"Thus, whenever a concrete threat to peace develops, war is opposed not by a world public opinion but by the public opinions of those nations whose interests are threatened by that war."

Hans Morgenthau, Politics Among Nations 6th ed., rev. by Kenneth Thompson (1985), p. 288


"The texture of international politics remains highly constant, patterns recur, and events repeat themselves endlessly."

Kenneth Waltz, Theory of International Politics (1979), p. 66


"Men wiser and more learned than I have discerned in history a plot, a rhythm, a predetermined pattern. These harmonies are concealed from me. I can see only one emergency following upon another as wave follows upon wave, only one great fact with respect to which, since it is unique, there can be no generalizations, only one safe rule for the historian: that he should recognize in the development of human destinies the play of the contingent and the unforeseen."

H. A. L. Fisher, History of Europe (1935), p. vii [Oxford Dictionary of Modern Quotations (1991), p. 80]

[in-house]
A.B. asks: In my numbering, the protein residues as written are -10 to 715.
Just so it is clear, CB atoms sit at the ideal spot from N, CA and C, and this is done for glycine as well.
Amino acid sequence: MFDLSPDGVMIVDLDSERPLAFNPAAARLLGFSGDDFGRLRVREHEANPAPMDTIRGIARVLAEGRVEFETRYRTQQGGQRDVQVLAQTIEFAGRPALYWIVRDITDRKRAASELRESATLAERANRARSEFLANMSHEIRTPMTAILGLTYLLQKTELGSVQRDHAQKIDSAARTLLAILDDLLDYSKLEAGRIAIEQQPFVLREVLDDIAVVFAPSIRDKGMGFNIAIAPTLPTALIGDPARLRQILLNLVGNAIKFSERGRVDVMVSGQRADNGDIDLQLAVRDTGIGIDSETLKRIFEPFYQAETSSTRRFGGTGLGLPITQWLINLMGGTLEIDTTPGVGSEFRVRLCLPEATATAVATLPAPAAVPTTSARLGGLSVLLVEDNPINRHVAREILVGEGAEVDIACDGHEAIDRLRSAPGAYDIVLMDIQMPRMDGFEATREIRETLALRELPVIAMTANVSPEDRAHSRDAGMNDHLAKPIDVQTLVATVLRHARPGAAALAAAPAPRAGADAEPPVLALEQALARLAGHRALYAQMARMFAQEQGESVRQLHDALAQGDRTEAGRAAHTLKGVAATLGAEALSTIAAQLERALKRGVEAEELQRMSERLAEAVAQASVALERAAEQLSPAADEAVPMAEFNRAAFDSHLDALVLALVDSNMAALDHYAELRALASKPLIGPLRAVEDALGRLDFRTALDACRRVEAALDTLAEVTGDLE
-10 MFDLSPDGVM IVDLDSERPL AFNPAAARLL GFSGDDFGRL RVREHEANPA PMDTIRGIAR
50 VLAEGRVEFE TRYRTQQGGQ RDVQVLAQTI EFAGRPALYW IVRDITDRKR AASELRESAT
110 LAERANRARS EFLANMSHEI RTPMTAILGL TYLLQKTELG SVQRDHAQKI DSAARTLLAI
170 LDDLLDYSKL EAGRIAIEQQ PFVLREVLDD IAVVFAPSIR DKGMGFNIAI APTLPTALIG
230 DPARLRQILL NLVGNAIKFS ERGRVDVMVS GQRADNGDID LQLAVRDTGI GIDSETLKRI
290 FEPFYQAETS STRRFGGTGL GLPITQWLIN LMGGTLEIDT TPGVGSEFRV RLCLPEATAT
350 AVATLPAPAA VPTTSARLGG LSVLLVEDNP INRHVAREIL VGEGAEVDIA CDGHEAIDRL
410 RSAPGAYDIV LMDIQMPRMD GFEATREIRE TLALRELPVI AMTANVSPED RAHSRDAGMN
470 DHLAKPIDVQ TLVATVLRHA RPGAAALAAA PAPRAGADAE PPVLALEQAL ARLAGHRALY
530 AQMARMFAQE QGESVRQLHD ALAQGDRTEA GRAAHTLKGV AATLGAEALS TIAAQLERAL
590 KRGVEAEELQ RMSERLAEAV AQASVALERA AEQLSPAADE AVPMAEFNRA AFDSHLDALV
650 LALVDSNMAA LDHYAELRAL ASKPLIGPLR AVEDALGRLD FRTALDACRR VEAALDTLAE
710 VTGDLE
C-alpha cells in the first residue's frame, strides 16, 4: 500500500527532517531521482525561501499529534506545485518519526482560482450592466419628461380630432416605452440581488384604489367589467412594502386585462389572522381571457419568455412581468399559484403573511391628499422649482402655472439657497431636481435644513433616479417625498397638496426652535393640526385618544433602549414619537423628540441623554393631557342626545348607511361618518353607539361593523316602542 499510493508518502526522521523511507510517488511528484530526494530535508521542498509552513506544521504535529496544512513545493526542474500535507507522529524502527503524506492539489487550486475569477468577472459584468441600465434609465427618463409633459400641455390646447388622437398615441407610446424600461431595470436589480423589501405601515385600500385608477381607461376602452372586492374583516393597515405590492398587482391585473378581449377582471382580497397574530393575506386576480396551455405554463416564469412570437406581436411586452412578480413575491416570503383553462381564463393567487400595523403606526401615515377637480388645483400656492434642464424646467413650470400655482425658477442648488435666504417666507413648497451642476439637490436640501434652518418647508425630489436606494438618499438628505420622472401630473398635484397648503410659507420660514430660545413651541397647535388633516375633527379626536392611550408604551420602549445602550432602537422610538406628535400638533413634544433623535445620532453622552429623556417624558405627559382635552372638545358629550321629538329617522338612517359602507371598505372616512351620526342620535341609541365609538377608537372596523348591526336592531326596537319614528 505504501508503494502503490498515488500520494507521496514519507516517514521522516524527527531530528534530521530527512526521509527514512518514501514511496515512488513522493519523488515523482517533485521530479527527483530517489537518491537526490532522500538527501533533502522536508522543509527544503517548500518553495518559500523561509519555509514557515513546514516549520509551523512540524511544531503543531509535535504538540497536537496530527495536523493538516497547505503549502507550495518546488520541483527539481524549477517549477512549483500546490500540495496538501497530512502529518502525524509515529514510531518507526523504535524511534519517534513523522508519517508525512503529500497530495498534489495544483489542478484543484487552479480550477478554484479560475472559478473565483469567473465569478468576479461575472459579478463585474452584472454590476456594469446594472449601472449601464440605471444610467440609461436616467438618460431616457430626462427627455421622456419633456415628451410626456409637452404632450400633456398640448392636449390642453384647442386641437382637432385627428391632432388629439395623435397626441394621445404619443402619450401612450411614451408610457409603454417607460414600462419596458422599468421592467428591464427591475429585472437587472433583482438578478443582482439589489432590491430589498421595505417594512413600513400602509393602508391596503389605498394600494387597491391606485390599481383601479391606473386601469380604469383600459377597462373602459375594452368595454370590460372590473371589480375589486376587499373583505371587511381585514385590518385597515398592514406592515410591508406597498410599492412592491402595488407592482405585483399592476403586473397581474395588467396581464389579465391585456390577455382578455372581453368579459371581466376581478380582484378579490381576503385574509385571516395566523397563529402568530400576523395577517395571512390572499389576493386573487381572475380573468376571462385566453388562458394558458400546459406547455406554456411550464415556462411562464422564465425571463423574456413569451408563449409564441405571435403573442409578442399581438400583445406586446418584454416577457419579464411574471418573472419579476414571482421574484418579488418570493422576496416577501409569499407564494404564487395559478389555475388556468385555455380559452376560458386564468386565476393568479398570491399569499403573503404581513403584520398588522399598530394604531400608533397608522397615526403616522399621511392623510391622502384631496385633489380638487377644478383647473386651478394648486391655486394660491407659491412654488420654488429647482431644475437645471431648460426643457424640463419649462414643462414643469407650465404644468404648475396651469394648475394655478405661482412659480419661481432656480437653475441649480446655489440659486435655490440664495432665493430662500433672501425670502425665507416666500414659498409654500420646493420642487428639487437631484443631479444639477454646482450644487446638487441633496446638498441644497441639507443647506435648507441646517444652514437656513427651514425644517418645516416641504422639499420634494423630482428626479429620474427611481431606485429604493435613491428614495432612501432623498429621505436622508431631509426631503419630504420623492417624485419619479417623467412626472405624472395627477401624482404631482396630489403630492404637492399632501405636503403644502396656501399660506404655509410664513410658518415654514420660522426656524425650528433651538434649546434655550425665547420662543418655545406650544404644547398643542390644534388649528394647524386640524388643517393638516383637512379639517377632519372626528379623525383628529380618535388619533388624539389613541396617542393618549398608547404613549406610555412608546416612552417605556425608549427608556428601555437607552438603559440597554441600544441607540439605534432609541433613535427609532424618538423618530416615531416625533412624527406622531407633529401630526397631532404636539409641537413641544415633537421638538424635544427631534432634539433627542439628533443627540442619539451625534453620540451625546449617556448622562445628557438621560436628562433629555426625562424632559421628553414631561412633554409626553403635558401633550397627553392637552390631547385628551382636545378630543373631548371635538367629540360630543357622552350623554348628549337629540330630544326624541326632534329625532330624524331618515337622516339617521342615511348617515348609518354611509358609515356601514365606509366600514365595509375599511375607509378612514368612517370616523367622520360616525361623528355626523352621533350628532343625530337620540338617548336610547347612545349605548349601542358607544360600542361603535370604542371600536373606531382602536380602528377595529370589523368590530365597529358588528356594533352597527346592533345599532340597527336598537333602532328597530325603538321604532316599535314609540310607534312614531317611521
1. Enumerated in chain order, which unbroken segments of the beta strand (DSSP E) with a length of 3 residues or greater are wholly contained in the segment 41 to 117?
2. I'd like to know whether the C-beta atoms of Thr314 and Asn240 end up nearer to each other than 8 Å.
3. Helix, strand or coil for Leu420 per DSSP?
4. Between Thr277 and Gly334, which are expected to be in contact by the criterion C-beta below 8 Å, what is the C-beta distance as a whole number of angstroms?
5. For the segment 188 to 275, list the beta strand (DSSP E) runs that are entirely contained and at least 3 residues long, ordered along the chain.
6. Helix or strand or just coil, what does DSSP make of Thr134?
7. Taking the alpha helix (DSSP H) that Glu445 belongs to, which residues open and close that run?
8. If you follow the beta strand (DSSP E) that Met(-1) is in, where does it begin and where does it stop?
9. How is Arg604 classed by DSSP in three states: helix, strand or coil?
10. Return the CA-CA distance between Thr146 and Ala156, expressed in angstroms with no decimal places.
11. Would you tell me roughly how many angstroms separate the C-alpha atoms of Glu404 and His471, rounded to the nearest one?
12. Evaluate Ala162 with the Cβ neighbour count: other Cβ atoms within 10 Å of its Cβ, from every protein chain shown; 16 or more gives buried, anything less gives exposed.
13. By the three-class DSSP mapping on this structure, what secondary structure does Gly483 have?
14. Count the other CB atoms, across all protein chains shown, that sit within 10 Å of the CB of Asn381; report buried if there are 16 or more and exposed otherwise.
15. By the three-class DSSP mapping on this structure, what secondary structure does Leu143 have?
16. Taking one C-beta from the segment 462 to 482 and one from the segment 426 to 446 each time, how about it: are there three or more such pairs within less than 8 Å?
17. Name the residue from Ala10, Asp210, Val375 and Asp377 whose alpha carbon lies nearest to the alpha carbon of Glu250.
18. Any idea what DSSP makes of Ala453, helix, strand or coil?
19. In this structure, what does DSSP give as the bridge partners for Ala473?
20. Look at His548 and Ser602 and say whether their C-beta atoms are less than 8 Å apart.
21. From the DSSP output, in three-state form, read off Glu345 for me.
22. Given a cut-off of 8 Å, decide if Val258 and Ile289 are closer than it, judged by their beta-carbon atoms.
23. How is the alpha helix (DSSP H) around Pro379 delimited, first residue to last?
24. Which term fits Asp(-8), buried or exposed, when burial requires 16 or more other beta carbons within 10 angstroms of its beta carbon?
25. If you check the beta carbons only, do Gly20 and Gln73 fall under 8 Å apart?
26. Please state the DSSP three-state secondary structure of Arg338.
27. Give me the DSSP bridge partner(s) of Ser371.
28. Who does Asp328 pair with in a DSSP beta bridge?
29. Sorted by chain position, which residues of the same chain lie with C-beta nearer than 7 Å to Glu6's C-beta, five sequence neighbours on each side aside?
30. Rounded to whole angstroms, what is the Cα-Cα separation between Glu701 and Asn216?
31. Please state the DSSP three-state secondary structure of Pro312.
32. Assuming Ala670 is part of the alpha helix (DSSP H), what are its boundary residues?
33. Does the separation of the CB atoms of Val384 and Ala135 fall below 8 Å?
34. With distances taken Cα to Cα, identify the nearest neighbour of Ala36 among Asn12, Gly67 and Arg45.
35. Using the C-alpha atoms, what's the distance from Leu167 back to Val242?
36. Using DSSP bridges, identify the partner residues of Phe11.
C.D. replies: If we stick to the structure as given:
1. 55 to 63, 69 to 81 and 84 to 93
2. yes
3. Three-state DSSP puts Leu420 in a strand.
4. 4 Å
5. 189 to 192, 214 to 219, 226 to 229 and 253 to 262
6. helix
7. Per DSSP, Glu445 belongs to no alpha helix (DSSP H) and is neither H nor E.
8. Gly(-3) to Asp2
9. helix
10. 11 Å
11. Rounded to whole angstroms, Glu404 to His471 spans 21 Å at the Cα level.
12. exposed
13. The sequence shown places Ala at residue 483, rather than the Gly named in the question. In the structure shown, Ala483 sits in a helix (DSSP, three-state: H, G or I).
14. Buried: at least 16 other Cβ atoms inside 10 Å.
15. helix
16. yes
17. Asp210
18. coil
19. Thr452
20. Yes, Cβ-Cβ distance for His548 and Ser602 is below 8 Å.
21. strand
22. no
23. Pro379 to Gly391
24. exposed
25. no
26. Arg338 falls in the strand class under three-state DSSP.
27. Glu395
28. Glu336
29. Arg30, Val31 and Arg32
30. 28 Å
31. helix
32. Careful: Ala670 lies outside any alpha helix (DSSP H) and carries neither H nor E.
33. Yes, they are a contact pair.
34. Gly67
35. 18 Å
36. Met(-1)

"Most of the change we think we see in life is due to truths being in and out of favour."

Robert Frost, 'Black Cottage' North of Boston (1914), [Oxford Dictionary of Modern Quotations (1991), p. 86]


"My thoughts encompass divinity, therefore divinity is. The divinity that my thoughts encompass is associated with the order that arises out of chaos... As we expand our knowledge of this realm, we ... see it in terms of one sublime order that awaits full realization."

Louis J. Halle, Out of Chaos (1977), p. 646


"Here, then, is the complexity, the fascination, and the tragedy of all political life. Politics are made up of two elements -- utopia and reality -- belonging to two different planes which can never meet."

E. H. Carr, The Twenty Years' Crisis, 1919-1939 2nd ed. (1946), p. 93.


"My biggest blunder in life was attempt to seek common ground with Keynesians, based on the naive thought that by putting my ideas in Keynesian language that I would make any dent on the Keynesians."

Milton Friedman, New York Times, July 4, 1999


"War made the state and the state made war."